WHAT IS GENRE? Genre is the classification of any media text into a category or type: e.g. news, horror, documentary, soap opera, docu-soap, science-fiction or lifestyle etc. Genres tend to have identifiable codes and conventions which have developed particular expectations , which may either be fulfilled or denied / diverted by the producer. You should consider typicality and subversion , as well as sub-genres or generic hybrids . The significance of genre to audiences, producers, publishers and broadcasters should also be carefully considered. Using the handout, list the conventions you used in your chosen media product.
DOES GENRE EXIST? Film Theorist Rick Altman argues that there is no such thing as “pure” genre anymore. Genre is progressive, in that it will always change. He says that generic conventions are very much a thing of the past. His theory suggests that audiences, in general have become tired of the same formula and need more to keep them entertained and to create appeal. He says that genre is surviving due to hybridisation – or genres “borrowing” conventions from one another and thus being much more difficult to categorise.
<ul><li>Watch the trailer for Shaun of the Dead. </li></ul><ul><li>http://www.youtube.com/watch?v=yfDUv3ZjH2k </li></ul><ul><li>Try to identify which genres are evident in the </li></ul><ul><li>trailer by listing the conventions from each genre. </li></ul><ul><li>On your handout, list the conventions you have </li></ul><ul><li>developed or “borrowed” from other genres </li></ul>AN EXAMPLE OF HYBRID GENRE
GENRE THEORY – DANIEL CHANDLER Daniel Chandler is a former Media student at Aberystwyth University. He researched Genre in detail, identifying key components and formulas. His work can be found at: http://www.aber.ac.uk/media/Documents/intgenre/intgenre.html The following slide details the ways in which, according to his research, genre can be identified.
GENRE THEORY – DANIEL CHANDLER NARRATIVE - similar plots and structures, predictable situations, sequences, episodes, obstacles, conflicts and resolutions. CHARACTERS - similar types of characters (sometimes stereotypes), roles, personal qualities, motivations, goals, behaviour. THEMES - topics, subject matter (social, cultural, psychological, professional, political, sexual, moral), ideologies and values. SETTING - geographical and historical; ICONOGRAPHY - echoes the narrative, characters, themes and setting, a familiar stock of images or motifs, the connotations of which have become fixed. Includes décor, costume and objects, certain 'typecast' performers familiar patterns of dialogue, characteristic music and sounds, FILMING TECHNIQUES - stylistic or formal conventions of camerawork, lighting, sound-recording, use of colour, editing etc.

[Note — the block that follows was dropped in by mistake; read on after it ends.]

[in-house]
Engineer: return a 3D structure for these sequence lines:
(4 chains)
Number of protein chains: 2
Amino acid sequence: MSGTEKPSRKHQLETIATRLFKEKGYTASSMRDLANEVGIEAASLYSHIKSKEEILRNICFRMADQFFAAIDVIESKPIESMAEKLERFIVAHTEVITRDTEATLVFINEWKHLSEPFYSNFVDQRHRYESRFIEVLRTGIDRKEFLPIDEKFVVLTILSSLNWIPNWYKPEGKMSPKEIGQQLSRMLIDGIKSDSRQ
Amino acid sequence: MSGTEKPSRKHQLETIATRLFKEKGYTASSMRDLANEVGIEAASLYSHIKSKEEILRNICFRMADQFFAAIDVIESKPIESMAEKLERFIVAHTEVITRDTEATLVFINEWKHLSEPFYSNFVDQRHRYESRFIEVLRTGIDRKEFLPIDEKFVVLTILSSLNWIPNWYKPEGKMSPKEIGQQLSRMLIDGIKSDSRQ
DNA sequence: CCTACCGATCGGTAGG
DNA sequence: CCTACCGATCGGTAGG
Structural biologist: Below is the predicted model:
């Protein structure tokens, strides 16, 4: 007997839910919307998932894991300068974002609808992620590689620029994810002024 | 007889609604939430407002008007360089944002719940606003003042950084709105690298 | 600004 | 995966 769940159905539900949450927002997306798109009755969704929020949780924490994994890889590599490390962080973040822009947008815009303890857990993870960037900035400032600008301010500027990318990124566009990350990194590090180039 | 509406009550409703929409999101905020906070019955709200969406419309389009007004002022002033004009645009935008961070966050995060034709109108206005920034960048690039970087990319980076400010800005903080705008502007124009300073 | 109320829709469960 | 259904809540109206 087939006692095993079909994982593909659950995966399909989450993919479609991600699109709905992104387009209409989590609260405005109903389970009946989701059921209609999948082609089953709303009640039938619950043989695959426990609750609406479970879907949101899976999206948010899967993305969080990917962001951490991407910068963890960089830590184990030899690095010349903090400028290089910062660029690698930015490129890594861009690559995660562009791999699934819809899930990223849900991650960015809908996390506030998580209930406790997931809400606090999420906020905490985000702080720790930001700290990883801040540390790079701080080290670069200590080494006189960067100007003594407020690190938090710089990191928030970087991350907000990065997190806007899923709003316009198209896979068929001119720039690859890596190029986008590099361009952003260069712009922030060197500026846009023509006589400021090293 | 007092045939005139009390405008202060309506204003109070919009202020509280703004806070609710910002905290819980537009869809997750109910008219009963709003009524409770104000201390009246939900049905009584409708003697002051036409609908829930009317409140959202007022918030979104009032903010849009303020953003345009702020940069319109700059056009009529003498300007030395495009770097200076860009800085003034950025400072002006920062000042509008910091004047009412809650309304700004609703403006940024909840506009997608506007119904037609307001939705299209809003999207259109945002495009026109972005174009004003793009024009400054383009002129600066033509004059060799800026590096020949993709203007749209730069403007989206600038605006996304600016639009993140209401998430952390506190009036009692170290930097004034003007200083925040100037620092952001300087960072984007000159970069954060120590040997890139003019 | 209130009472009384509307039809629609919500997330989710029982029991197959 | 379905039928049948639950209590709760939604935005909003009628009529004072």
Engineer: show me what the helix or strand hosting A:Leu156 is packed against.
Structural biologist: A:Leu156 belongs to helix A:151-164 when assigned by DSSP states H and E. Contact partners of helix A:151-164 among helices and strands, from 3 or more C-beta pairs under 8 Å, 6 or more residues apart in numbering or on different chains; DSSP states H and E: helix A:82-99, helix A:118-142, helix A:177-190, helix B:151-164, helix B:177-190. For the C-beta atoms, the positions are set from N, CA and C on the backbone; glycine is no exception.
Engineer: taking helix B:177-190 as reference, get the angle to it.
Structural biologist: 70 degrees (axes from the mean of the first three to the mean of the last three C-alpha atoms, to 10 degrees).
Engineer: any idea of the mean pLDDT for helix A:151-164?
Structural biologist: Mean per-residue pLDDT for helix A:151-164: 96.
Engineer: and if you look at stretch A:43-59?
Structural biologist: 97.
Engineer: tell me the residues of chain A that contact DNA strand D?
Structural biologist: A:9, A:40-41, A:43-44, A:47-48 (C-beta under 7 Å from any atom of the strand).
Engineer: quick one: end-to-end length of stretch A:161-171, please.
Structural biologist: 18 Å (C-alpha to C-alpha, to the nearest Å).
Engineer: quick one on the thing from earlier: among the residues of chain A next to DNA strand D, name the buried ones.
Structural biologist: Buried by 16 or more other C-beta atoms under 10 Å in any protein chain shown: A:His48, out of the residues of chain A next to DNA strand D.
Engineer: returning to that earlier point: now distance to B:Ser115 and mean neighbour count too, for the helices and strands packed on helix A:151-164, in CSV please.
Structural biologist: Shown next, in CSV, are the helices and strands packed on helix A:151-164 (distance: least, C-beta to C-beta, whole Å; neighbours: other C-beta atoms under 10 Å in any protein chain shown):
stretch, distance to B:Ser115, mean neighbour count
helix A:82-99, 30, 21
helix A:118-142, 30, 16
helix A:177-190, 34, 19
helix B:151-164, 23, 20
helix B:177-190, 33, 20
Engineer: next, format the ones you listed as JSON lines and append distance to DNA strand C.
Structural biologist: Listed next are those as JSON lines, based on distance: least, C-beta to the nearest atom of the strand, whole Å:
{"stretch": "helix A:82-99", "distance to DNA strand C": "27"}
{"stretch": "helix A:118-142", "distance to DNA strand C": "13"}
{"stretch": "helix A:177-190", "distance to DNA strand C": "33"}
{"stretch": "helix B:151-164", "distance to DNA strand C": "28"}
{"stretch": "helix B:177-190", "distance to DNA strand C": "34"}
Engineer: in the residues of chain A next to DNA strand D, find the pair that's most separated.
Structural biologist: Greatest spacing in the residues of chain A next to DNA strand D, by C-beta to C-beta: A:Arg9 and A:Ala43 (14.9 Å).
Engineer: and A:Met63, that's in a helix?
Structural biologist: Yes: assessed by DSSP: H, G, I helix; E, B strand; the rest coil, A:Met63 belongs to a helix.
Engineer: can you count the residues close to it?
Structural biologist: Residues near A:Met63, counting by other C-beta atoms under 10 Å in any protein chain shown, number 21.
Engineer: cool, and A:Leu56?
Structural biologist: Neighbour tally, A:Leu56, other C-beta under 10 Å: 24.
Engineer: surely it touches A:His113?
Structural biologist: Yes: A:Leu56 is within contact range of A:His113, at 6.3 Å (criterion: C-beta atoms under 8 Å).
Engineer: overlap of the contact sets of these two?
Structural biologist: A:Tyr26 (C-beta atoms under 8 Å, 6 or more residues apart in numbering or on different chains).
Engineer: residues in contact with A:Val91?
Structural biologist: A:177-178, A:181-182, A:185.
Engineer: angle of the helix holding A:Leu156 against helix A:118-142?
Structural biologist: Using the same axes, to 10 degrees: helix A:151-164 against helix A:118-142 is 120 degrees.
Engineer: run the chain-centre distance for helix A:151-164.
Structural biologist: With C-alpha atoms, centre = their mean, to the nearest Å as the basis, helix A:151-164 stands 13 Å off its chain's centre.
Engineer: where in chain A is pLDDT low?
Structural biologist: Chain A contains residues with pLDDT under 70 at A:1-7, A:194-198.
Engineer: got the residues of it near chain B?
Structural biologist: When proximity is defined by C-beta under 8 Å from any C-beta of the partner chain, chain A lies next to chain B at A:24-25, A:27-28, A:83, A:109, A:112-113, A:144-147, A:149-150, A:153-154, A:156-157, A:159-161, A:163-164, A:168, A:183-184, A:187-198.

GENRE THEORY – DANIEL CHANDLER Using Daniel Chandler’s criteria, identify how the following in your product help the audience to understand its genre: Narrative Characters Setting
GENRE THEMES AND IDEOLOGIES Values in a media product are not the same as codes and conventions. Values are the ideological and cultural ideas embedded in a film. In a Western, the lone gunslinger represents the power of good to destroy evil. In gangster films greed and the lust for power or wealth undermine the possibly attractive, but deeply flawed, central gangster character. Jealousy, revenge, loyalty and deception are themes of many thrillers and crime movies . In horror films the monsters and zombies can be interpreted as metaphors for serious diseases, death or destiny. In the end the films give some hope that the audience’s worst fears can be overcome. In Bond films the audience feel safe in knowing that Bond (or his British MI5 equivalent) will save them from the political evils of the world – whatever they may be at the time In Pop videos, the audience will often see good being represented as pop icons are often considered as role models for young children
<ul><li>On you handout, list the themes or </li></ul><ul><li>ideologies that are conventional to your product </li></ul><ul><li>Have you developed these in any way? </li></ul><ul><li>Have you “borrowed” themes from another genre ? </li></ul>GENRE THEMES AND IDEOLOGIES